Newspapers around the world are facing a challenging time, not only because of the current difficult economic climate and declining advertising revenues, but also because of the ever more rapid push to multi-platform publishing and the changes to the operation that this has involved. Is it time the whole operating model underwent a shake-up? Neil Benson, Editorial Director - Regionals, at Trinity Mirror believes that newspapers need to radically overhaul the entire structure and that, being from a "conservative industry", they have been "overly-cautious" for far too long.
Benson, and the three Editors of the Birmingham titles affected, have rewritten the rulebook on workflow and newsroom management at the Birmingham Post (Editor Marc Reeves - business orientated newspaper), Sunday Mercury (Editor David Brookes - tabloid) and Birmingham Mail (Editor Steve Dyson - a popular evening paper); and the new system is scheduled to go live in mid-October. Benson says that in previous recessions for the media industry, the standard way newspapers have responded is to cut the pagination of the paper and axe staff, but Trinity felt that this was simply "inadequate". Benson says, "The financial pressure is nothing new, but the additional factor is the internet and convergence and the effect that this is having on the industry, so we felt that rather than do the straightforward cost-cutting, we needed to do something much more imaginative." The Editors Weblog spoke to Benson to get all the details.
Trinity Mirror has been using the same tried and tested newsroom workflow as most other newspapers, ie, (1) journalist writes the article, (2) submits it to the news desk, (3) designer fits the story into the page, (4) sub-editing desk scrutinizes, and (5) final revision and publication. This whole system has been completely turned on its head, with Benson stating, "We are truly a multi-media business now, so lets structure for that." The old five-step system has now been honed down to just three steps: create, place and complete. Benson says that not only did they have to look at the overall operating costs in the current difficult economic climate, but they also wanted to fully integrate multi-media working practises into the operation. With the advent of new publishing platforms, such as mobile and the Internet, newsrooms have had to adapt rapidly and have thus frequently "bolted-on" on new practises to the traditional model. Benson wanted to revamp the whole process so that multimedia is fully integrated into the operation.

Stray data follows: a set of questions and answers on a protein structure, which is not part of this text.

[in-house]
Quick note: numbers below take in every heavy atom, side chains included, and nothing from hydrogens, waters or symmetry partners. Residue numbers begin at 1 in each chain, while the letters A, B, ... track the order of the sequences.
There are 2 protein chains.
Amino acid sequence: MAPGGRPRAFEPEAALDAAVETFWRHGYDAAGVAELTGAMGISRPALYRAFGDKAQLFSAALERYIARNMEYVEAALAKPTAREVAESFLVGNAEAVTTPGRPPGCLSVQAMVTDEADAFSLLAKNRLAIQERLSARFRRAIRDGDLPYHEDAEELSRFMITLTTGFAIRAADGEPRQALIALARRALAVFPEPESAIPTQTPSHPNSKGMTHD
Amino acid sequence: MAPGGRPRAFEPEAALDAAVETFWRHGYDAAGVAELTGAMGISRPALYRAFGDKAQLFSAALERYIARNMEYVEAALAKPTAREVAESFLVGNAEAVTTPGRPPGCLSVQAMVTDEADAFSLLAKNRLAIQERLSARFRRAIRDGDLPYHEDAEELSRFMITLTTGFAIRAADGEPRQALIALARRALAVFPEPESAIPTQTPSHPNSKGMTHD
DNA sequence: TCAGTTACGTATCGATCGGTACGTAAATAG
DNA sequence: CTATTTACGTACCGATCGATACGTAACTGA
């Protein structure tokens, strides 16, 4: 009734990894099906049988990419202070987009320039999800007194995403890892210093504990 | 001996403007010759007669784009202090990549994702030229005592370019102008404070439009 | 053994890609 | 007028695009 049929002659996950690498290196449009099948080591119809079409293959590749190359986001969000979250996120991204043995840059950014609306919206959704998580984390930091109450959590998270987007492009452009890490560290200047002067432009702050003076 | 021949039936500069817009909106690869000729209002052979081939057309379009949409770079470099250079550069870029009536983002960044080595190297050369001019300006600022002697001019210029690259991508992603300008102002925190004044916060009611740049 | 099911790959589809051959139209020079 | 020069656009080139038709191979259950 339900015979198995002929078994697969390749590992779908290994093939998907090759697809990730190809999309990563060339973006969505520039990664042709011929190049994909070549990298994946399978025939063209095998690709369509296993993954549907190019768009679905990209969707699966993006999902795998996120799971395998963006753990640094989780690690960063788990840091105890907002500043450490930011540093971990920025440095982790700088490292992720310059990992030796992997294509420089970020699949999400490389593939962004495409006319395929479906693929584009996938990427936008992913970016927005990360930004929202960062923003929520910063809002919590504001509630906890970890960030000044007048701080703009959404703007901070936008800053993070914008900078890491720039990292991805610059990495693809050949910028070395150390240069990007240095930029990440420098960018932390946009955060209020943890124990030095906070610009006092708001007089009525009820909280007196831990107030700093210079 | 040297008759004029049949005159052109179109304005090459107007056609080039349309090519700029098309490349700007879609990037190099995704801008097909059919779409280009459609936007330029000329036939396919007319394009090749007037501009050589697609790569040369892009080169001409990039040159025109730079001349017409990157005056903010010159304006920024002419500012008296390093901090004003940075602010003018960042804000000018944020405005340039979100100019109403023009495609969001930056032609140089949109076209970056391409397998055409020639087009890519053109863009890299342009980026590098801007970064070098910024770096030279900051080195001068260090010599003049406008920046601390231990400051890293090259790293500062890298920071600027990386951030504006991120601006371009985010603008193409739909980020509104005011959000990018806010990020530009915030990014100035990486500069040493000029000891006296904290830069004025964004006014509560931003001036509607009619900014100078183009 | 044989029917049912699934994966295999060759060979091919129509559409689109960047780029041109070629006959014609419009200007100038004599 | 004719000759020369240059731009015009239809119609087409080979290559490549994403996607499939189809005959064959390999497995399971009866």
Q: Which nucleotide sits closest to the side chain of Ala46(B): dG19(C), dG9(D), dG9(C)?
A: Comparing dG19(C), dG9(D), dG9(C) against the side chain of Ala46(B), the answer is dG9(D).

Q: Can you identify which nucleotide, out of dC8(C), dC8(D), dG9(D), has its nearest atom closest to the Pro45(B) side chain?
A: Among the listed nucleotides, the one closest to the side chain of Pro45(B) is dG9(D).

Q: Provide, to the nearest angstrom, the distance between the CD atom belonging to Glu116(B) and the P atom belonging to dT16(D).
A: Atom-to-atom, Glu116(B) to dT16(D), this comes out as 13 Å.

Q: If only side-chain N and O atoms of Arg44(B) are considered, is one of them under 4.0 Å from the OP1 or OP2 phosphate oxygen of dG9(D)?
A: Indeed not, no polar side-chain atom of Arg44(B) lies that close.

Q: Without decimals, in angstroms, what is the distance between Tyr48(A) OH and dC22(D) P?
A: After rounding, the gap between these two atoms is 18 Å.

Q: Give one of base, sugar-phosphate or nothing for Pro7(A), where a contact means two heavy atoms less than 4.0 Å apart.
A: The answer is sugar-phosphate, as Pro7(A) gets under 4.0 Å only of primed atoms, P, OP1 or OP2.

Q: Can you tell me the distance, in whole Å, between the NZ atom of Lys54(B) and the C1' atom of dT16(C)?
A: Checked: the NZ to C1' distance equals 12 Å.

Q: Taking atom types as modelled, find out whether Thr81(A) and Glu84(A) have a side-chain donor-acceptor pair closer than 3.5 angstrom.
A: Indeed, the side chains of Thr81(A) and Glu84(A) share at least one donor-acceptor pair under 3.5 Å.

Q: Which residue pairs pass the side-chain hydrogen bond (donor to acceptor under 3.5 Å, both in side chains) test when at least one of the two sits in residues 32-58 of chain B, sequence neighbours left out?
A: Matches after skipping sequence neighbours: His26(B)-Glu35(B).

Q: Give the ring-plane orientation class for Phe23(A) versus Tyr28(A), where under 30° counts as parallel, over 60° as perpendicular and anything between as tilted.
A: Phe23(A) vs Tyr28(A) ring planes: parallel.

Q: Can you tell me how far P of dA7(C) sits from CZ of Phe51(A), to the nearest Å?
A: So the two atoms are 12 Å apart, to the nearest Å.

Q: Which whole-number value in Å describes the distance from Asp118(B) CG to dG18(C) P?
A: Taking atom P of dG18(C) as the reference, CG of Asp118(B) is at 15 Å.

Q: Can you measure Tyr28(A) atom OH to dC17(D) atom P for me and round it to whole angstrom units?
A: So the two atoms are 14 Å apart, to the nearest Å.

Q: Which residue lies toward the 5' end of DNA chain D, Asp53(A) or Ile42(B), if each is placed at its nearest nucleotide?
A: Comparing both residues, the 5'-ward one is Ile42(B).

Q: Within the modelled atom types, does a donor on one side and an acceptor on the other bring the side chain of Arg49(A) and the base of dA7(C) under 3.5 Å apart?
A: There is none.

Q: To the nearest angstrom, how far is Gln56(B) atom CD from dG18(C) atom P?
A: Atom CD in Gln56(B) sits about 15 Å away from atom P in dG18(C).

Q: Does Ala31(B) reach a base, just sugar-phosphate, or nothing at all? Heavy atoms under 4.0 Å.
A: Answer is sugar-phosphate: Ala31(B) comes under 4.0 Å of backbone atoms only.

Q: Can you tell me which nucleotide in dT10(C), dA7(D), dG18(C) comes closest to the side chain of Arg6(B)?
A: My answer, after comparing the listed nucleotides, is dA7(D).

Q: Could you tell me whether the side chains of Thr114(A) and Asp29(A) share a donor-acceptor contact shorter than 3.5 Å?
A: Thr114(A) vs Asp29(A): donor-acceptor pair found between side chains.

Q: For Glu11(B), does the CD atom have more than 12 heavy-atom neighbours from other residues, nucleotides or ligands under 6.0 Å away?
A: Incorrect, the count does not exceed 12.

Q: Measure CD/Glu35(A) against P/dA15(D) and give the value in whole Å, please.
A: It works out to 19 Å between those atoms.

The new workflow system is as follows:
1) Reporters - who will now be known as multimedia journalists*, - create the content.
2) Send to the "Multimedia" desk where a newly trained multi-skilled team will not only check the copy but also place it into heavily templated pages. This is the key step in the reinvention; here Trinity have merged the news editing and production function into one.
3) Page finishing, revising and tidying up.
Benson says he cannot remember such substantial changes being made to a newsroom in 35 years. Not only will this system help to cut costs and integrate multimedia publishing, but it will also cut down on the time between a reporter finding a story and it appearing in print or online. Furthermore, the three titles at Trinity Mirror Midlands will all be sharing a newsroom; so if a big story breaks the merged newsroom can push more resources towards the story and cover it more thoroughly than was ever possible before.
Integrated newsroom - open space and collaboration
One of the key areas where the changes can be seen is in the newsroom team itself; the individual Head of Content or Head of Sport for each title will be merged and will now work across all titles and channels. Furthermore, the whole team, including advertising and sales, will all be on one floor working together.